Cantor 18.12 – KDE way of doing mathematics
Curious to read about Cantor on LabPlot’s homepage? This is easy to explain. Cantor has got quite a lot of development in the last couple of months, also with great contribution from LabPlot developers. There is a close collaboration between these two KDE projects which we hope to intensify even further in future and to make better use of the common code and human resources in order to provide a strong computational and visualization platform for scientific purposes.
In this blog post we want to highlight the more striking new features in Cantor 18.12 that was recently released. Since Cantor can run embedded in LabPlot (see the LabPlot 2.3 release announcement for couple of examples), all the features described below are of course also available for users using Cantor from within LabPlot.
We invested quite a lot into improving the overall usability of Cantor’s worksheet. First improvement we want to mention is the handling of long running and waiting commands. In the past, when executing multiple commands at the same time, there was no feedback for the user which command is being calculated right now and which commands are waiting. In the current release we highlight the currently calculated command entry with a small animation of the prompt. The pending (meaning, queued but not being calculated yet) command entries are also highlighted so the user has the full picture of the processing status.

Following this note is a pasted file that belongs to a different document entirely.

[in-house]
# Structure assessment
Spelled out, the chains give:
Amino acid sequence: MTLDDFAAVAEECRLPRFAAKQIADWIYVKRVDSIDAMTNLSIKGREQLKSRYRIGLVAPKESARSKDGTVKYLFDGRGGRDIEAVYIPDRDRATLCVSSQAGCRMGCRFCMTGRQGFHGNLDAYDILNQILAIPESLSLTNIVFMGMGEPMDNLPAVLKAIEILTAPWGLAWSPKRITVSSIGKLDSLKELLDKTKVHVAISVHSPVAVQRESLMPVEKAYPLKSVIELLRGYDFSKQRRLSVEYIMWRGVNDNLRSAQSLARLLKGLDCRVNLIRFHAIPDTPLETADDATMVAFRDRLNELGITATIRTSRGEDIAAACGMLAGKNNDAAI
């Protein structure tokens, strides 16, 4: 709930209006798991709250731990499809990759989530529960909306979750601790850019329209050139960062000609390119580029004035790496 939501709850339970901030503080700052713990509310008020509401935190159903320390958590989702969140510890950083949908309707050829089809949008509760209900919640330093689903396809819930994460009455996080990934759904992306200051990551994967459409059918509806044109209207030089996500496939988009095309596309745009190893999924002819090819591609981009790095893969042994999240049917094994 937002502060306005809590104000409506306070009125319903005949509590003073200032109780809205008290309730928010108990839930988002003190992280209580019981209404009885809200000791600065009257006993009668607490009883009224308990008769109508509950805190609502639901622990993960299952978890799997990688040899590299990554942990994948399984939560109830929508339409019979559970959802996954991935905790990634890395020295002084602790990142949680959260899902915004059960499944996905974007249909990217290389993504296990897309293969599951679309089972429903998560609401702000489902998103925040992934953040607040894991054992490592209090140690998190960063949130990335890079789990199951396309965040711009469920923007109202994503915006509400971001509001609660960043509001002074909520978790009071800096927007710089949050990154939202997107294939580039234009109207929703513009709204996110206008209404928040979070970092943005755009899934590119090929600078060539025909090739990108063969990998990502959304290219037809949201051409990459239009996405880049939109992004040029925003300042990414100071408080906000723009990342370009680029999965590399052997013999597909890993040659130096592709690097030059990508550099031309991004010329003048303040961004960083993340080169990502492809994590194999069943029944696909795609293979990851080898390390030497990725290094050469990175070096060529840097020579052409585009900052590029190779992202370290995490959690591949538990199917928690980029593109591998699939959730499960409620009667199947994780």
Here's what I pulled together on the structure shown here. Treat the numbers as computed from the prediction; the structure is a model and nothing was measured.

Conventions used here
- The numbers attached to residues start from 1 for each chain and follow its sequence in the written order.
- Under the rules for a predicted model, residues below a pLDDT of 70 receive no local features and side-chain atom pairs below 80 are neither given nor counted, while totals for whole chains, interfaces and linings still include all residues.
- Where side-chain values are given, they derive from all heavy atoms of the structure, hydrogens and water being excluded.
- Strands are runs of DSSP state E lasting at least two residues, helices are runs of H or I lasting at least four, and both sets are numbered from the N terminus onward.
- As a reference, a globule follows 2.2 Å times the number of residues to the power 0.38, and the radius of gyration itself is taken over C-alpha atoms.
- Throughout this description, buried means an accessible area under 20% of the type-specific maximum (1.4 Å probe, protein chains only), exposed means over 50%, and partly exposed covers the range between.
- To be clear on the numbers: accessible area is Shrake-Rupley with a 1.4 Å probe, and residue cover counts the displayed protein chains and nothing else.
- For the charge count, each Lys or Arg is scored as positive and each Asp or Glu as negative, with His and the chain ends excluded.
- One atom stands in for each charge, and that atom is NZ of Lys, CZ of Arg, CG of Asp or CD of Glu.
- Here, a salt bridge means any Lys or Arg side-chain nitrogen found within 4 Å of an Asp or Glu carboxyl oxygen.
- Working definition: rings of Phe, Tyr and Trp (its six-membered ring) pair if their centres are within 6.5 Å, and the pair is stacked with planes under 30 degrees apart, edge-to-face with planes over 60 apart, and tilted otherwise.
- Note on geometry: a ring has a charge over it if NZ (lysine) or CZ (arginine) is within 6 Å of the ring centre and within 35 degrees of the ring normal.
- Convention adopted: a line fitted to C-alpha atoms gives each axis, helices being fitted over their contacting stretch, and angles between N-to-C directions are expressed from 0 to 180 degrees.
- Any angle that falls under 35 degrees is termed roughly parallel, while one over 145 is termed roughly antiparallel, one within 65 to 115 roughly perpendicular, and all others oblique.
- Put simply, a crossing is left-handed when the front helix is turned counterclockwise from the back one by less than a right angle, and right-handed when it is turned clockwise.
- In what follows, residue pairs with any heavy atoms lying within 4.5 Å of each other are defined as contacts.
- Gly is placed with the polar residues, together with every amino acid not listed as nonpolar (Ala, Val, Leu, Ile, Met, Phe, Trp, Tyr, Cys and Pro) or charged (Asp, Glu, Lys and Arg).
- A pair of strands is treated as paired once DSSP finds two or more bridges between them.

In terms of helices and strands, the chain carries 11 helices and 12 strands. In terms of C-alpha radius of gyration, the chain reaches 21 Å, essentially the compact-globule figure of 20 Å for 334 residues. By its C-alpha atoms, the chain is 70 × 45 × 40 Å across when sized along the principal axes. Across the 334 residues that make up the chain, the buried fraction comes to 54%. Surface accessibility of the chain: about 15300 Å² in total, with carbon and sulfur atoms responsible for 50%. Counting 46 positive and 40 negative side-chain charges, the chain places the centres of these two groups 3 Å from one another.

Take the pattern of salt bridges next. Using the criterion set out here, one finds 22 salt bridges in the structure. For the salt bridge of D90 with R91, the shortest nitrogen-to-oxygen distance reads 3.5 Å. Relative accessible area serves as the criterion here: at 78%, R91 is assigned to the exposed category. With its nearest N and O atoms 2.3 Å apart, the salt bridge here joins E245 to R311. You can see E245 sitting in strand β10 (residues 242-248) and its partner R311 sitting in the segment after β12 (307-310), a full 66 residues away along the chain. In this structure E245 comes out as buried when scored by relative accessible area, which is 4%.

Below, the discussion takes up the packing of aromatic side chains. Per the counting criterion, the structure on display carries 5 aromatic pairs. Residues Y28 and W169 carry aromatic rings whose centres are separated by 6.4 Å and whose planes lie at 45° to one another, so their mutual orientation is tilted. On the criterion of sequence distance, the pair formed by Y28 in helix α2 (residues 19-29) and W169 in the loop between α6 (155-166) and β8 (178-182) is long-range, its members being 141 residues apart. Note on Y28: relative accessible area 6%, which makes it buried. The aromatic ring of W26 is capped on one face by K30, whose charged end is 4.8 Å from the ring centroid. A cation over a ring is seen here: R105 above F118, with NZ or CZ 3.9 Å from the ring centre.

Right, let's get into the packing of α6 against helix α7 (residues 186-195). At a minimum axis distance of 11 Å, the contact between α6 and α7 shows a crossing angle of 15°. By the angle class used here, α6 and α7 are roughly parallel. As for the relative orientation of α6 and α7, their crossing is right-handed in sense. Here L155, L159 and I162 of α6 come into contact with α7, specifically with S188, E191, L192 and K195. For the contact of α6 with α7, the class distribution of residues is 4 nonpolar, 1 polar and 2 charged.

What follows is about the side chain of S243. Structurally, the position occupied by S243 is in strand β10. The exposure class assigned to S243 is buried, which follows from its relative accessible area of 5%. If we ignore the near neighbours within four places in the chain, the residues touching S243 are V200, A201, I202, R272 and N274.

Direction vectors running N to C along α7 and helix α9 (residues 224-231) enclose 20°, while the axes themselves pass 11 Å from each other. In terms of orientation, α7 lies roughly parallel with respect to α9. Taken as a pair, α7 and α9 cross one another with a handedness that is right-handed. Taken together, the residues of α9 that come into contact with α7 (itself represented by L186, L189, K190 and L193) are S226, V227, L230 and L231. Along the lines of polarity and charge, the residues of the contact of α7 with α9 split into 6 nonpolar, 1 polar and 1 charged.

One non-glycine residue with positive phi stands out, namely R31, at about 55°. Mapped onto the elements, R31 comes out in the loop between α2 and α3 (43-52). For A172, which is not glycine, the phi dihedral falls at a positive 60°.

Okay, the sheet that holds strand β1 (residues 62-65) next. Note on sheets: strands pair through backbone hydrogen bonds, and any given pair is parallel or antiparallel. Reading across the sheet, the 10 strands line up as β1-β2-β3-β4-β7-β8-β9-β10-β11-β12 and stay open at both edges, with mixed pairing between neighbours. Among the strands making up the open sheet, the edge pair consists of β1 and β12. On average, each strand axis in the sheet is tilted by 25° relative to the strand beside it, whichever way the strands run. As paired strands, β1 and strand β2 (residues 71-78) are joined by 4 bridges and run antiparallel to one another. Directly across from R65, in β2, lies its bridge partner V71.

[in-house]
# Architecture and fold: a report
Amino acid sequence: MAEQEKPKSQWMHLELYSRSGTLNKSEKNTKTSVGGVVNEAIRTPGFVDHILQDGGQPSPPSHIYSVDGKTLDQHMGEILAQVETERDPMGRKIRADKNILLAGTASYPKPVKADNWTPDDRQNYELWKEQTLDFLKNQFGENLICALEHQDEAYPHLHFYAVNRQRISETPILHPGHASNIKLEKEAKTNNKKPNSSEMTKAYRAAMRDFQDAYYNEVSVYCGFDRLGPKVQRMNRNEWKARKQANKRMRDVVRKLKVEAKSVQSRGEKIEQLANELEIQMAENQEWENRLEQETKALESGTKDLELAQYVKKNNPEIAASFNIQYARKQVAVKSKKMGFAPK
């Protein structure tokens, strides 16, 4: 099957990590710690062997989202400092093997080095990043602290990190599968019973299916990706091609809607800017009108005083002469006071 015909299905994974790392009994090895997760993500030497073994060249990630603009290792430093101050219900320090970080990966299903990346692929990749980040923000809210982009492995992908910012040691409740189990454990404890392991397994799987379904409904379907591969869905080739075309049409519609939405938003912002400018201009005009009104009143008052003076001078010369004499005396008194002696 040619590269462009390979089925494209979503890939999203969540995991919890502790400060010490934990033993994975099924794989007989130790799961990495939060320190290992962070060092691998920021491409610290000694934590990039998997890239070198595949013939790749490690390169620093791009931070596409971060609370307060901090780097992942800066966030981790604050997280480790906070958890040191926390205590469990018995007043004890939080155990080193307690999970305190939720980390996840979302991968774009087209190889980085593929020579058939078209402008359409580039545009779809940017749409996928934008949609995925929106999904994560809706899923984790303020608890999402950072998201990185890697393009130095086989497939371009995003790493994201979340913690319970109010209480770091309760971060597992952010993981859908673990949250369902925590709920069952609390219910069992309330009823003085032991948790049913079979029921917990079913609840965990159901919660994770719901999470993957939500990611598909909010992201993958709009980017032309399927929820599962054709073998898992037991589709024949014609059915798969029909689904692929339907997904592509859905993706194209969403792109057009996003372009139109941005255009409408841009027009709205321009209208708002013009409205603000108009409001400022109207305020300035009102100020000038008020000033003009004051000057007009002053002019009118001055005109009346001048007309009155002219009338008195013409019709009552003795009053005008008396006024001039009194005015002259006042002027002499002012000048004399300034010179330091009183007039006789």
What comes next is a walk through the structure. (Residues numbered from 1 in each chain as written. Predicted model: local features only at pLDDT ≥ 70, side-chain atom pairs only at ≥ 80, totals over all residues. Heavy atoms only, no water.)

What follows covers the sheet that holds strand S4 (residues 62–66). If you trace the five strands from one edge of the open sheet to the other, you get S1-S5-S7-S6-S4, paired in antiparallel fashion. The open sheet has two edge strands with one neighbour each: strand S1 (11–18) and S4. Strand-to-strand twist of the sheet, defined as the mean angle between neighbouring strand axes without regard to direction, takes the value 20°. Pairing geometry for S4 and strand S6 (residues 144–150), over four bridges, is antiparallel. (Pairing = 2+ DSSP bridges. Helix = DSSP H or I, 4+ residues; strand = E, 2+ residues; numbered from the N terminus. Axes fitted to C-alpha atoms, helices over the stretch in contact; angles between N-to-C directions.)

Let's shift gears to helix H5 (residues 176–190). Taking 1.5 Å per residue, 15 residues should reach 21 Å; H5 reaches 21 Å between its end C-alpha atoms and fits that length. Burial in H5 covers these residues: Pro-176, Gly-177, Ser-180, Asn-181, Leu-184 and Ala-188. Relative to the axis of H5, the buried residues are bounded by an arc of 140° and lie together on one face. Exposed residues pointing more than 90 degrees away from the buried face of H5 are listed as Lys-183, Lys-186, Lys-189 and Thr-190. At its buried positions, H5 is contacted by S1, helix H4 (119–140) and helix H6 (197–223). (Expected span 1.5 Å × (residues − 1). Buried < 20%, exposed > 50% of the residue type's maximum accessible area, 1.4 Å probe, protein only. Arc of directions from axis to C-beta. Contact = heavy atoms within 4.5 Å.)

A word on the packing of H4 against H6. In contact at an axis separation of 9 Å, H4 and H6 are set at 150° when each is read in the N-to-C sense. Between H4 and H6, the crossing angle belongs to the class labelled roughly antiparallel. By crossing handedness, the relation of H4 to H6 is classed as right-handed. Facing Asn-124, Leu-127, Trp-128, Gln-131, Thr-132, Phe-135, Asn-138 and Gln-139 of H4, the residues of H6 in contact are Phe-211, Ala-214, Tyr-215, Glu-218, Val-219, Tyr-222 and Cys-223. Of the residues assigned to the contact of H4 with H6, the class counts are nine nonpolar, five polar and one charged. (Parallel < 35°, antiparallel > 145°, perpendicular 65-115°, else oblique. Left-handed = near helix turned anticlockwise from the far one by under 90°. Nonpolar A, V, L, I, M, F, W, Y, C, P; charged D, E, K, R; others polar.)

To bring more structure into the worksheet we allow the user to format worksheet entries by changing the background color, the foreground color and the font properties. The context menu of the command entry was extended to allow more faster access to these formatting options:
These new formatting options can be used for example to highlight more important parts of the calculations or entries which the user wants to re-visit later again or to simply better format a longer worksheet document. On default, the background color of the command entries is set to the highlighting color of the desktop theme as shown on the following screenshot with an example Maxima session:
New worksheet entries can be added via the context menu:
For faster creation of command entries there is furthermore a dedicated shortcut. To further improve the usability here we implemented the possibility to place the cursor between two different entries. Having this, a new command entry is automatically created and positioned between those two entries as soon as the user starts typing. The same happens when the user pastes some text at the current position of the cursor.
Some computer algebra systems like Maxima provide the ability to get the documentation for commands directly from the interactive prompt (see also Maxima Manual). For multiple choices, Maxima needs to ask back for further input. We improved this workflow and made it more stable. Furthermore, to better discriminate this communication with Maxima asking for additional input from the usual input in the command entries we changed the color and the font for these entries in the worksheet. Also, the status of the command entry is set to “Calculating” and the blinking prompt makes clear some further input is required.